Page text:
Common Matters Identified During Peer Review

The most common matters and deficiencies I see in a peer review are: The firm did not have a policy related to monitoring and inspections or they had a policy but they weren’t following it  (No documentation of any inspections performed) Not establishing appropriate engagement quality control review criteria (EQCR) Not having a policy to ensure staff had adequate CPE.  Insufficient CPE hours in Yellow Book and ERISA. Having a policy that states the firm uses a particular third party practice aid (such as PPC) and then only using some of it which causes key audit and review items to be missed. Related to FASB, SSARS, and the clarified auditing standards Auditors’ report did not conform to the new clarified standards. (This is automatically a deficiency and results in a Pass With Deficiency rating pursuant to AICPA peer review standards. Currently there are no exceptions to this) No disclosure of tax years that remain subject to examination by major tax jurisdictions No disclosure of the date through which subsequent events were evaluated Failure to implement SSARS 19 (e.g. no current engagement letters could be located and report changes have not been made or incorrectly made) Engagement letters or reports contain references to financial statements being prepared Failure to include a title on the accountant’s report (compilation, review and audit) The financial statement titles do not match those identified in the accountant’s report Failure to appropriately document planning procedures, including risk assessment, planning analytics, the auditor’s understanding of client internal control and IT environment. Representation letters that were dated incorrectly, did not cover the appropriate periods or were missing required...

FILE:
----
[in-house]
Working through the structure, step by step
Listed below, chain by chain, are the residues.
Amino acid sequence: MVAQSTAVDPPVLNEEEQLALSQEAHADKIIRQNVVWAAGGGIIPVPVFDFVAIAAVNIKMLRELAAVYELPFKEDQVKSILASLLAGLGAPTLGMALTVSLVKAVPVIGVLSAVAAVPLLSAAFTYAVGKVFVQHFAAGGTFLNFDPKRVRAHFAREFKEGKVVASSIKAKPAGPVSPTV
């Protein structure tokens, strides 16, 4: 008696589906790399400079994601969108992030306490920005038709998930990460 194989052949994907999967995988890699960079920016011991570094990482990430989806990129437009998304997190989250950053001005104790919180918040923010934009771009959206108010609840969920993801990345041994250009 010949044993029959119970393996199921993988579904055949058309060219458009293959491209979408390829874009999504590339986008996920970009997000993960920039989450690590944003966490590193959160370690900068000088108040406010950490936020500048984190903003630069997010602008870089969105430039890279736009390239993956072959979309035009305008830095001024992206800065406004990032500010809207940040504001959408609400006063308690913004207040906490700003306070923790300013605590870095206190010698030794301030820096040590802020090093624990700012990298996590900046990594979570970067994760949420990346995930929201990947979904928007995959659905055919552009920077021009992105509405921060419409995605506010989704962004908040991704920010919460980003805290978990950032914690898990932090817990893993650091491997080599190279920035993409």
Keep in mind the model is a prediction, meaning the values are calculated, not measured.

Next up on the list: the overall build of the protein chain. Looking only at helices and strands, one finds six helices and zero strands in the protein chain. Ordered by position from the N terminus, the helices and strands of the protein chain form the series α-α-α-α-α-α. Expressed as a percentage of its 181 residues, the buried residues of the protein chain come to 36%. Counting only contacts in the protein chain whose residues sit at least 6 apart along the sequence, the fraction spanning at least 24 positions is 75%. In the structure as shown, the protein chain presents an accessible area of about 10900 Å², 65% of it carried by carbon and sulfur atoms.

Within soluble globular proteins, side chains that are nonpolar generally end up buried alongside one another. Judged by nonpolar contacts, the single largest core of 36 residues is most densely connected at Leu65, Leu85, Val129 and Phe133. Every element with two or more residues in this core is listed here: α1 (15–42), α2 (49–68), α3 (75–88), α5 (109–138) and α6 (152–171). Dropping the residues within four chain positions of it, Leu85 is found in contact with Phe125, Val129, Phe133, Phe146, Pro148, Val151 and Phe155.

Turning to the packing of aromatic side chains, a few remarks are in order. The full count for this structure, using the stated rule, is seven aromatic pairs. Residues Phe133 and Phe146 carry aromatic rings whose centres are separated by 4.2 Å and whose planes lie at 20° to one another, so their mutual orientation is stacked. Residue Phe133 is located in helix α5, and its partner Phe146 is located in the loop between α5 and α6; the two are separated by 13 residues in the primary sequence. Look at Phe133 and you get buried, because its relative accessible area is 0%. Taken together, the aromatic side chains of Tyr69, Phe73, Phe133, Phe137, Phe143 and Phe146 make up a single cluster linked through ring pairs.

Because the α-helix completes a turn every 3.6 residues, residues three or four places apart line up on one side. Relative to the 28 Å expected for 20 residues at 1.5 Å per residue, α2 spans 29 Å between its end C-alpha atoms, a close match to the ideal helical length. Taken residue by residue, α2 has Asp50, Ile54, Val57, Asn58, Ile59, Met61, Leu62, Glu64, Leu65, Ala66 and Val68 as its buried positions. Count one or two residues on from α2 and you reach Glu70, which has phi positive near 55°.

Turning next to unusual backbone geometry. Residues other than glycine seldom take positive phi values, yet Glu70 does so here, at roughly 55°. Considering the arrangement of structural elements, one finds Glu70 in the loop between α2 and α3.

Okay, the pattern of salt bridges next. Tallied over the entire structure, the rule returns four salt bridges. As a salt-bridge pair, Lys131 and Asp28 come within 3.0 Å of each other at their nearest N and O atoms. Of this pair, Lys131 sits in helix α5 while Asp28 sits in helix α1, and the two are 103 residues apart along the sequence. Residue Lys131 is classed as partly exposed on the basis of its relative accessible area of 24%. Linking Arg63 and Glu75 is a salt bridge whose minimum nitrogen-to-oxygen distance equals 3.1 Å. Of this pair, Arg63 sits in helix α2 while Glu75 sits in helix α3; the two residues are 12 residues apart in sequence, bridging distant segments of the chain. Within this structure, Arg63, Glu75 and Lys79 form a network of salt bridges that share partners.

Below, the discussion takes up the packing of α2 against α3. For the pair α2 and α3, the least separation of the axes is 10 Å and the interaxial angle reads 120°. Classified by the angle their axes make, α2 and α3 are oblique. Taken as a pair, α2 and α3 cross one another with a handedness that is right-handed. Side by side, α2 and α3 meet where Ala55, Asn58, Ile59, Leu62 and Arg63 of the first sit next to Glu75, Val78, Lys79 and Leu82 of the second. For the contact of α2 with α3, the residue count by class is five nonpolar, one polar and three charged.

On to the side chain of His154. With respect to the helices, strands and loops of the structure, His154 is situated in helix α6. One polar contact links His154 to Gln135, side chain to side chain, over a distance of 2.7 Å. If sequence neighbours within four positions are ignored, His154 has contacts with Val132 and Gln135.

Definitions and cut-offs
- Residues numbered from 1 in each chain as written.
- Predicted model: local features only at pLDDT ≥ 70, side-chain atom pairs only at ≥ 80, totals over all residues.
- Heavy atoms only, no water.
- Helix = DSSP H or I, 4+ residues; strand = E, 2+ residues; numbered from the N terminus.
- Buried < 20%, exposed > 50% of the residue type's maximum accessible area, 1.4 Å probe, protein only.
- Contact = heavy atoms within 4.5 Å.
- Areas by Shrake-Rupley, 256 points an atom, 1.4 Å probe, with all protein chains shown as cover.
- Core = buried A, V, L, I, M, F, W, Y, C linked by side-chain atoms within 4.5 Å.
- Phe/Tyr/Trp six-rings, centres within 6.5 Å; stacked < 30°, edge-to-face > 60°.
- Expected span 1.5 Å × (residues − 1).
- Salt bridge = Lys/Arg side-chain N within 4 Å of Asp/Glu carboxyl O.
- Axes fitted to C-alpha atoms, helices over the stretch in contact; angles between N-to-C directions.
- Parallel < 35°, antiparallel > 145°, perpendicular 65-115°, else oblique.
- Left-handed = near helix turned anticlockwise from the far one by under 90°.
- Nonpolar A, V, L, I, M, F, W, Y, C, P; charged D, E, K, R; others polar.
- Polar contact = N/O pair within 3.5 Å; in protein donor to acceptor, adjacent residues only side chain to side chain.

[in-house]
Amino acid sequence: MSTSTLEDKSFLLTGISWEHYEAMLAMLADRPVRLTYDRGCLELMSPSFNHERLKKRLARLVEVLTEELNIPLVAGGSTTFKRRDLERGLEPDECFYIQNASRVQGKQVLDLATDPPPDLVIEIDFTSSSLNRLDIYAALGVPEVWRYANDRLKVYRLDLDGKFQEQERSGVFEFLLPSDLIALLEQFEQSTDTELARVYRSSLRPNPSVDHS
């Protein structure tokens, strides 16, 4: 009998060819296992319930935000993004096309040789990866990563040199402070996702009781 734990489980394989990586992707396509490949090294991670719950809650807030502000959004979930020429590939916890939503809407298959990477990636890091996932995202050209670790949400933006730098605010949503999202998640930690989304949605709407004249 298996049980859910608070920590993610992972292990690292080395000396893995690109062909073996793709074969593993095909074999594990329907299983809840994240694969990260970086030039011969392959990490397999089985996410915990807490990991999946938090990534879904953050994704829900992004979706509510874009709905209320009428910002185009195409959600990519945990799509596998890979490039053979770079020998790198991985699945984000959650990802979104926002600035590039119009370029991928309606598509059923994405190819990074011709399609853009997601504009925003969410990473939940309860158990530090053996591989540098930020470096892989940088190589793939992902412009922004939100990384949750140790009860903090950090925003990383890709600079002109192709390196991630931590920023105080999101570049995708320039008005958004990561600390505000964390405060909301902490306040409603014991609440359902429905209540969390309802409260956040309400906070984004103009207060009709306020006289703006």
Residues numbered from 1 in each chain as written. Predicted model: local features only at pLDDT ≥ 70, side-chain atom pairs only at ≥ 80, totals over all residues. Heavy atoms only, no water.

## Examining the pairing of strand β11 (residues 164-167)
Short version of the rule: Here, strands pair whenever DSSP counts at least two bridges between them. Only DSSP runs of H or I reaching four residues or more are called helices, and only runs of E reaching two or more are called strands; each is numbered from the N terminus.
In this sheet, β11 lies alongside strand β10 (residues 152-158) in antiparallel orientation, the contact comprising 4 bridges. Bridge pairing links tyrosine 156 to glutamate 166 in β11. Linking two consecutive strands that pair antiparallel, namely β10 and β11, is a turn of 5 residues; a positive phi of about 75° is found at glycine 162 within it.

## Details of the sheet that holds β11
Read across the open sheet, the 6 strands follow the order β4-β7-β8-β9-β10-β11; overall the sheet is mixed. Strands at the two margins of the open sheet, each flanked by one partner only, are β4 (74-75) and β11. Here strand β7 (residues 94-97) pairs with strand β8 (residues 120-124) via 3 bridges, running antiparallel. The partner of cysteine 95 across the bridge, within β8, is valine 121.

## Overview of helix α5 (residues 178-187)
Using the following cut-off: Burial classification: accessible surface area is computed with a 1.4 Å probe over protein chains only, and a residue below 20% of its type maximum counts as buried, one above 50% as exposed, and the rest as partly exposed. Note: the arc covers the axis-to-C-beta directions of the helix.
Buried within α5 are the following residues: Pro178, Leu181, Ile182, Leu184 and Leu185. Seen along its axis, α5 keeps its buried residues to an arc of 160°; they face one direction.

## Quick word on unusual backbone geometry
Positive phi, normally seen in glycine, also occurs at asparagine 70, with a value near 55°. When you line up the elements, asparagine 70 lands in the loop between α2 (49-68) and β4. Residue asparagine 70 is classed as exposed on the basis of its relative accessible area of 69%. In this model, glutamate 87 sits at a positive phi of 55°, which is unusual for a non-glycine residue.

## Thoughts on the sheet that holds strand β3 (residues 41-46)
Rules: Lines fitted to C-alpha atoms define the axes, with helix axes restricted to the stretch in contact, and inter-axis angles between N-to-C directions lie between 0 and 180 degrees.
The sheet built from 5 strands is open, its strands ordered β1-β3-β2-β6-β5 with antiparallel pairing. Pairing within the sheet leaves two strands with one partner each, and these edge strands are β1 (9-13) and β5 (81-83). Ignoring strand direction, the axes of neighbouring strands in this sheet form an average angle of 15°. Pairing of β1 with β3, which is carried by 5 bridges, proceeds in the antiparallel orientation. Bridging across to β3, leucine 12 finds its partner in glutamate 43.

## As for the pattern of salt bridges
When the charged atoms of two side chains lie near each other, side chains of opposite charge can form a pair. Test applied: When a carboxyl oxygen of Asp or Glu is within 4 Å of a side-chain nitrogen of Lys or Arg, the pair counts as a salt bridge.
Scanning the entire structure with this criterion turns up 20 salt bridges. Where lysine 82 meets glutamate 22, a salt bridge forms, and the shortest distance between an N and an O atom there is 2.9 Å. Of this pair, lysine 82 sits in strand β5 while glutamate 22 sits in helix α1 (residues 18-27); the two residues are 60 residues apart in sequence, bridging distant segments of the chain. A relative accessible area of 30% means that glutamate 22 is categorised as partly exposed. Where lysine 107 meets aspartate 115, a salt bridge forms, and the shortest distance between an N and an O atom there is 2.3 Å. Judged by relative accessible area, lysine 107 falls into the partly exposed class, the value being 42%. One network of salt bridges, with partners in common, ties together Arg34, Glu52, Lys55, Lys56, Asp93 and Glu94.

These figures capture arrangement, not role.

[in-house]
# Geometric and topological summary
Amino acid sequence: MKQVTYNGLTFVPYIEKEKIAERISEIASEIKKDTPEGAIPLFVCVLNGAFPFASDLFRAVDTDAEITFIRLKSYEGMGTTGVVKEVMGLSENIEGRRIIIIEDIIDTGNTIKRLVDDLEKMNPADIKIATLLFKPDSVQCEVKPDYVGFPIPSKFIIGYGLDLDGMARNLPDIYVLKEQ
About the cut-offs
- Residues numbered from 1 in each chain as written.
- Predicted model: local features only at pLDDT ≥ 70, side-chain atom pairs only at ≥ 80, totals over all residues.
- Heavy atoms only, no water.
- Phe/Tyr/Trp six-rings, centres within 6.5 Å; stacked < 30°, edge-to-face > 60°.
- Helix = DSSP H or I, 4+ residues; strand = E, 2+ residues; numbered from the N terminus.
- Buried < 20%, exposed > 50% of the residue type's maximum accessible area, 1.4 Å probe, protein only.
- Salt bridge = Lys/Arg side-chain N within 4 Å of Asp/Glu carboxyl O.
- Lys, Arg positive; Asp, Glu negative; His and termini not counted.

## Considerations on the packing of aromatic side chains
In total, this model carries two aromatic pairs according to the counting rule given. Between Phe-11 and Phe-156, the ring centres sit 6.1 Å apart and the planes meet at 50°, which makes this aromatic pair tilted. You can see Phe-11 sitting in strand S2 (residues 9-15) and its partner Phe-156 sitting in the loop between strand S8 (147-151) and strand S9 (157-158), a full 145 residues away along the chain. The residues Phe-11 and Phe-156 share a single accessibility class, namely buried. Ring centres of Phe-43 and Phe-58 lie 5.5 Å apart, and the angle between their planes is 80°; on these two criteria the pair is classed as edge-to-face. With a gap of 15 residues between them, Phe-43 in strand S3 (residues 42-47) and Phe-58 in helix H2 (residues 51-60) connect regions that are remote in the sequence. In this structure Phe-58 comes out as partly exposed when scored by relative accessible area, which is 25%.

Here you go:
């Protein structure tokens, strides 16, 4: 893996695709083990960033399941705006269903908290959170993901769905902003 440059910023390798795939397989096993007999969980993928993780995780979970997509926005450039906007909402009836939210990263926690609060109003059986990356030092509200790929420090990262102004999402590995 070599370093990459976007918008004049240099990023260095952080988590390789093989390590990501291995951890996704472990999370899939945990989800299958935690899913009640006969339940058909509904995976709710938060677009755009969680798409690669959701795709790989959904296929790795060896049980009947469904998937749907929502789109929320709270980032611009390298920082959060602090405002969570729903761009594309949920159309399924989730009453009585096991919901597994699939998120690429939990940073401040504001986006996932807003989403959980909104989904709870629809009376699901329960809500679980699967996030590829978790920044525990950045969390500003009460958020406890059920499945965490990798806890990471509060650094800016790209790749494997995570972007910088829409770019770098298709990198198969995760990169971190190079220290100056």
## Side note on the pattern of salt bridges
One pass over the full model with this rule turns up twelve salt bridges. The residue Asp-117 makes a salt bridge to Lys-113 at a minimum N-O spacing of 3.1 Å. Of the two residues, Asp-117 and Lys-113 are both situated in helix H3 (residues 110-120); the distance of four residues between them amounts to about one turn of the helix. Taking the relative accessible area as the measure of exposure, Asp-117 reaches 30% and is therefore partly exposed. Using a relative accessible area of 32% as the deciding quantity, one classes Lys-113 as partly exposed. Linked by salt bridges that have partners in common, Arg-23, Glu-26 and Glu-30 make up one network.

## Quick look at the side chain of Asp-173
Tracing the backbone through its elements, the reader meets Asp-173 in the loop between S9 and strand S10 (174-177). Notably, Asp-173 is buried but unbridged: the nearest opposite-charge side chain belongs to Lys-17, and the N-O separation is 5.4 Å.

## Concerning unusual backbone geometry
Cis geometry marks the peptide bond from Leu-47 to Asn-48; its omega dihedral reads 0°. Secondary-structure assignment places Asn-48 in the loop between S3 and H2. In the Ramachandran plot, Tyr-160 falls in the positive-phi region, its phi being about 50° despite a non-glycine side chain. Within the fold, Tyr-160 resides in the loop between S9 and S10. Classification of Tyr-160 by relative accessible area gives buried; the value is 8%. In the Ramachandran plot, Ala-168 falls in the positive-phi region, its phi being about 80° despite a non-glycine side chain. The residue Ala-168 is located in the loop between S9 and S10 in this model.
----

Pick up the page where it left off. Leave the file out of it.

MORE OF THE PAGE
How Long Do You Need to Keep That?

GENERAL GUIDELINES FOR THE RETENTION OF YOUR PERSONAL AND BUSINESS RECORDS When in doubt do not destroy until seven years from the date you filed your tax return. BUSINESS RECORDS Record Description Retention Period General ledger, expense support records, inventory records, sales records, purchase orders, accounts payable and accounts receivable support, loan payment schedules, bank statements and cancelled checks, payroll records, employment taxes, employee files of terminated employees  7 years Bank reconciliations, Employment applications, 3 years Insurance policies, minor contracts, lease payment records Life of contract + 4 years Audit reports and annual financial statements, Depreciation schedules, fixed asset purchases, tax returns, board minutes, business licenses, Bylaws, major contracts, leases, mortgages, patents/trademarks, shareholder and stock records, Pension/profit sharing and other employee benefit plans, real estate purchases, improvements or construction records Permanently retain   Personal Records When in doubt do not destroy until seven years from the date you filed your tax return. Bank statements, deposit slips, cancelled checks, tax returns, W-2s, 1099s, charitable contribution support, credit card statements, mileage logs, receipts used as a tax deduction, appointment calendars,  7 years Mutual fund and investment statements, dividend reinvestment records, year-end statements from your broker, purchase documents for investment property, home purchase documents, loans, home improvement receipts and cancelled checks, Keep these until 7 years after you no longer own these...